# A chemist mixes a 10% saline solution with a 20% saline solution to make 500 milliliters of a 16% saline solution. How many milliliters of each solution does the chemist mix together?

##### 2 Answers

#### Answer:

#### Explanation:

To solve for two unknowns we need two equations/pieces of information. Our two unknowns are the volumes of each stock solution. Let:

For our first equation, we know the total volume is 500 mL and is the sum of x and y:

For our second equation, we do a mass balance for 500 mL of final solution.

This means that in 1 mL of solution, we have 0.16 g of NaCl.

For any solution, concentration multiplied by volume will give the mass of NaCl:

So in

So, the sum of the masses of NaCl in

Now, substitute our expression for x, (1), into (2):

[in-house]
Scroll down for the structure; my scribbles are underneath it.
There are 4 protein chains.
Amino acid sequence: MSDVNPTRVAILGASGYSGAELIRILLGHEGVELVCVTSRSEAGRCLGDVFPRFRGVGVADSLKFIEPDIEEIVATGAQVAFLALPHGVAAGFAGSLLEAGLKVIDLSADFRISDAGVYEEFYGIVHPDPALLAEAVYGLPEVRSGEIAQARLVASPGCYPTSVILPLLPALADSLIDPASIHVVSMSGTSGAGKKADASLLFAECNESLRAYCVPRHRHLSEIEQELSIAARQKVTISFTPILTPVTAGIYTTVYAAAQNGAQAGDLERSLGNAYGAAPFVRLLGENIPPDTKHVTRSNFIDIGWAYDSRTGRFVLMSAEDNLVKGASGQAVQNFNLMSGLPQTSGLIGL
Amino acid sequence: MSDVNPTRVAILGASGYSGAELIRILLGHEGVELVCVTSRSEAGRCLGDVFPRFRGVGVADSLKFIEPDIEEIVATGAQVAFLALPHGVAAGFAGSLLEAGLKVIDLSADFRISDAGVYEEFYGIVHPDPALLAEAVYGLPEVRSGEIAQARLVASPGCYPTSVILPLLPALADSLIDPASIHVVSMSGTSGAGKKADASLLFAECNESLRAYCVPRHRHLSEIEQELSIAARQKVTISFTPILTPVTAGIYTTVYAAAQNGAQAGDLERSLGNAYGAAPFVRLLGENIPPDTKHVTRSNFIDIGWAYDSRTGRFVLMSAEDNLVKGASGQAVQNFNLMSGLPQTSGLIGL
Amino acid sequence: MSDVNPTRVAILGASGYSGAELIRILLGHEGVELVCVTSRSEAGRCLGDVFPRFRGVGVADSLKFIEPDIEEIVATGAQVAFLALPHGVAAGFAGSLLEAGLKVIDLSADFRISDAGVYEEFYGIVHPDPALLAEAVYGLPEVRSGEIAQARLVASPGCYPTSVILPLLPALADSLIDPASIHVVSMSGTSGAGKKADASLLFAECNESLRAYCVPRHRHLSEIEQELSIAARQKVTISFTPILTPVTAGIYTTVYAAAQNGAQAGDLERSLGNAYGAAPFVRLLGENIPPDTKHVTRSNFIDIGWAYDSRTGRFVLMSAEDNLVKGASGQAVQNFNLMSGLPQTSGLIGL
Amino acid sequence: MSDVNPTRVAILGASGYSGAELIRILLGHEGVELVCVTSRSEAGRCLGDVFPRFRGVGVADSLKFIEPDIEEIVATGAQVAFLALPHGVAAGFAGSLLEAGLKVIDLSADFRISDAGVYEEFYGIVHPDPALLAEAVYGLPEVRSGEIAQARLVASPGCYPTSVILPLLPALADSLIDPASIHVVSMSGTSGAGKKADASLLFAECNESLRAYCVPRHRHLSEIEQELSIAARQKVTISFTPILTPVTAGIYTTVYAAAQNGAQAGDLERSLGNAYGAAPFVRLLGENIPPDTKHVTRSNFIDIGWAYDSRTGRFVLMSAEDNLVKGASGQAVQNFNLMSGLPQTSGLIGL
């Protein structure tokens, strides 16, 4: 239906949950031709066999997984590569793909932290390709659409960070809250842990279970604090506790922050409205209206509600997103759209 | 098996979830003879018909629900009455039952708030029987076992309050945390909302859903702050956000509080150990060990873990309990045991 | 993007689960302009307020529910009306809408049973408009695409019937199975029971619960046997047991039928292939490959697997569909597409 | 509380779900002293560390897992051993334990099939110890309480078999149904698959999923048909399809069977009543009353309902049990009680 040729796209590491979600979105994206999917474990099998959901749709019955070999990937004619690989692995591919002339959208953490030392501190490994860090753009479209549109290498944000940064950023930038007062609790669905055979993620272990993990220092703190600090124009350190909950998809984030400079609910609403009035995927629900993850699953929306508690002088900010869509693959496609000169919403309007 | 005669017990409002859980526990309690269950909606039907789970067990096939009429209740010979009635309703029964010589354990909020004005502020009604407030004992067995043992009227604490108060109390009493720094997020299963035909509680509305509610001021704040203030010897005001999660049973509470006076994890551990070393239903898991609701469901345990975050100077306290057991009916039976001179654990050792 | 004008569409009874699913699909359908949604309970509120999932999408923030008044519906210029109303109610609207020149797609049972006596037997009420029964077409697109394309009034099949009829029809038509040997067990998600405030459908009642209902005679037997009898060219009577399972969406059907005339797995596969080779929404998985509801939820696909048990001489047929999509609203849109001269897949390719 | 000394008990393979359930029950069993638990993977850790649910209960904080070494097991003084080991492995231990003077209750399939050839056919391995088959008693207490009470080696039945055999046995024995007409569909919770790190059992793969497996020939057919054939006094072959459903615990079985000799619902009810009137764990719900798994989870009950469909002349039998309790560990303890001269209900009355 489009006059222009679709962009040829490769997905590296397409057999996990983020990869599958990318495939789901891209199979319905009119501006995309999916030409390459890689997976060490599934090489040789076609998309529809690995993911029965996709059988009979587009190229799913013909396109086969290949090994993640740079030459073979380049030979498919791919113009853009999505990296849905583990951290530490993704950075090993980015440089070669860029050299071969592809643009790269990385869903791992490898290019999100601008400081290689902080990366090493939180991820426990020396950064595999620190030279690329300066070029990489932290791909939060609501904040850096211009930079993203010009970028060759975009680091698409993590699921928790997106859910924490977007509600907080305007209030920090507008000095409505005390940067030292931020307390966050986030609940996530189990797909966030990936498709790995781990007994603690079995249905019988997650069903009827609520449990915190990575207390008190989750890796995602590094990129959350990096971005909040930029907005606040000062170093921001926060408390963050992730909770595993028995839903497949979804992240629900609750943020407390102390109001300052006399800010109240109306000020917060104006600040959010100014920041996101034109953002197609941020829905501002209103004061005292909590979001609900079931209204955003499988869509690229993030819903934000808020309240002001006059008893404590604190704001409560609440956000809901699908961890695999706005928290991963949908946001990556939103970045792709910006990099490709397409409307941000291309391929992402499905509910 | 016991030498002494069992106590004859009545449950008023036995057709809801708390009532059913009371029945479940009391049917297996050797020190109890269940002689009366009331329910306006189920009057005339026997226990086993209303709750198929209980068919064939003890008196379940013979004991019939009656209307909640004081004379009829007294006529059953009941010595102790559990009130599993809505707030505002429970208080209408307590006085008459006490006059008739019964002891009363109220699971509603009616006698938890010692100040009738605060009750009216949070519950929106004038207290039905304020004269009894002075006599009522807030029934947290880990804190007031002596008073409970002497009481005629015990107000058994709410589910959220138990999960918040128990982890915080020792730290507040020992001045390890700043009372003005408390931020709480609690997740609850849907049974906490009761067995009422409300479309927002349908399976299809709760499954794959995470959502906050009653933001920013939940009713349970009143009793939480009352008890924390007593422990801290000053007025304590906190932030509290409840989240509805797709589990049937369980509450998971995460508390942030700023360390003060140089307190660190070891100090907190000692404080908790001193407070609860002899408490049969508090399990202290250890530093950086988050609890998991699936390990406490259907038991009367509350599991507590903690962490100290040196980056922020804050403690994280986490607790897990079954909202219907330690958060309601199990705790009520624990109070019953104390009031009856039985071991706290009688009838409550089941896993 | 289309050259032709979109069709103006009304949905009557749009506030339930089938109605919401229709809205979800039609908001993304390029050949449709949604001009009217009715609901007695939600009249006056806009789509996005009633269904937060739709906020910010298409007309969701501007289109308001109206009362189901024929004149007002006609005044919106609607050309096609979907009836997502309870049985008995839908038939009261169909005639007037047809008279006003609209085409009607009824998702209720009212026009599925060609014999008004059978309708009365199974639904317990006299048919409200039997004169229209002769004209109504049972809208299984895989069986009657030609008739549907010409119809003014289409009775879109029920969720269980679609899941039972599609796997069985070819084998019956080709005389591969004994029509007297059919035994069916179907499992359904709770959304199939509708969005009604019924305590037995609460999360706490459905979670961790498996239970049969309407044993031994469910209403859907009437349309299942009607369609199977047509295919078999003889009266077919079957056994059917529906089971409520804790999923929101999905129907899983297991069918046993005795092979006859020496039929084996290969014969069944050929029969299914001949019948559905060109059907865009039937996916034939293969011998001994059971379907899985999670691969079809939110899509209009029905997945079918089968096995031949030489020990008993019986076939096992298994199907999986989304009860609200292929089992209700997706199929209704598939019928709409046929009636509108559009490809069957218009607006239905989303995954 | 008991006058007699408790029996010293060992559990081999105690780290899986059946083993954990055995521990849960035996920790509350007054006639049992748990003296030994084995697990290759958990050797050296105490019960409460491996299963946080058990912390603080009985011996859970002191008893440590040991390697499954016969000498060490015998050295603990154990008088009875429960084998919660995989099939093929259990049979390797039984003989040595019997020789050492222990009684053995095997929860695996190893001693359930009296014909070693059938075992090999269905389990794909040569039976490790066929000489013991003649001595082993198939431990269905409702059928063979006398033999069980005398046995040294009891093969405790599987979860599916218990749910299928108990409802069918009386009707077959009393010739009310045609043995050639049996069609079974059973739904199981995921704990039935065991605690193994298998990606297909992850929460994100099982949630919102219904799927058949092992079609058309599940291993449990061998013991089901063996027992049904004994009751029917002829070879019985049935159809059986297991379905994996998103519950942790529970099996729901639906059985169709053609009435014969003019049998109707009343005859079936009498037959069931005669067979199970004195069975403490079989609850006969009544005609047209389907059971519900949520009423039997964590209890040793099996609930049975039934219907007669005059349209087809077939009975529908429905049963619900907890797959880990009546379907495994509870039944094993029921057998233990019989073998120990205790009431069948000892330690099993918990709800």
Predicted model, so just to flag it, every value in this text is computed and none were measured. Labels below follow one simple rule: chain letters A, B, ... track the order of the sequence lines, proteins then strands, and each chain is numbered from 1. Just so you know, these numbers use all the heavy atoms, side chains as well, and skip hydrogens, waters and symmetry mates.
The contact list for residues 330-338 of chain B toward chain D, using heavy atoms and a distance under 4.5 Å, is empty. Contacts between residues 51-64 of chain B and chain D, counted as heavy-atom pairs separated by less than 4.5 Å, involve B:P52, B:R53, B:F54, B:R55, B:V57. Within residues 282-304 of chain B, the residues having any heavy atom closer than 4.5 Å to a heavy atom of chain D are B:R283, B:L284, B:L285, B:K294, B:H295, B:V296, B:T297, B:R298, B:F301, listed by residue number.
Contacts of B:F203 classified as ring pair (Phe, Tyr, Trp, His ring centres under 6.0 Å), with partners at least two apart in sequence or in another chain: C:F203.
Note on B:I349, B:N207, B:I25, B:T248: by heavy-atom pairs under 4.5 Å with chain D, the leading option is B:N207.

Now solve for y using (1):

#### Answer:

A different approach! Very detailed explanation given.

For the 20% constituent:

For the 10% constituent:

#### Explanation:

The total volume is a fixed amount. So if the proportion of the 20% concentration is known then the amount of 10% solution is:

Thus by just focusing on the 20% the amount of the 10% is indirectly linked. Thus in this approach we can (sort of) forget about the amount of 10% mix.

By varying the amount of the 20% mix the saline content of the whole changes. It is this change that we are looking at.

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Let the proportion of the 20% solution be

The gradient of part is the same as the gradient of the whole.

Using ratio:

Giving

Multiply both sides by 6

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Thus there is:

Check:

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For the 20% constituent:

For the 10% constituent: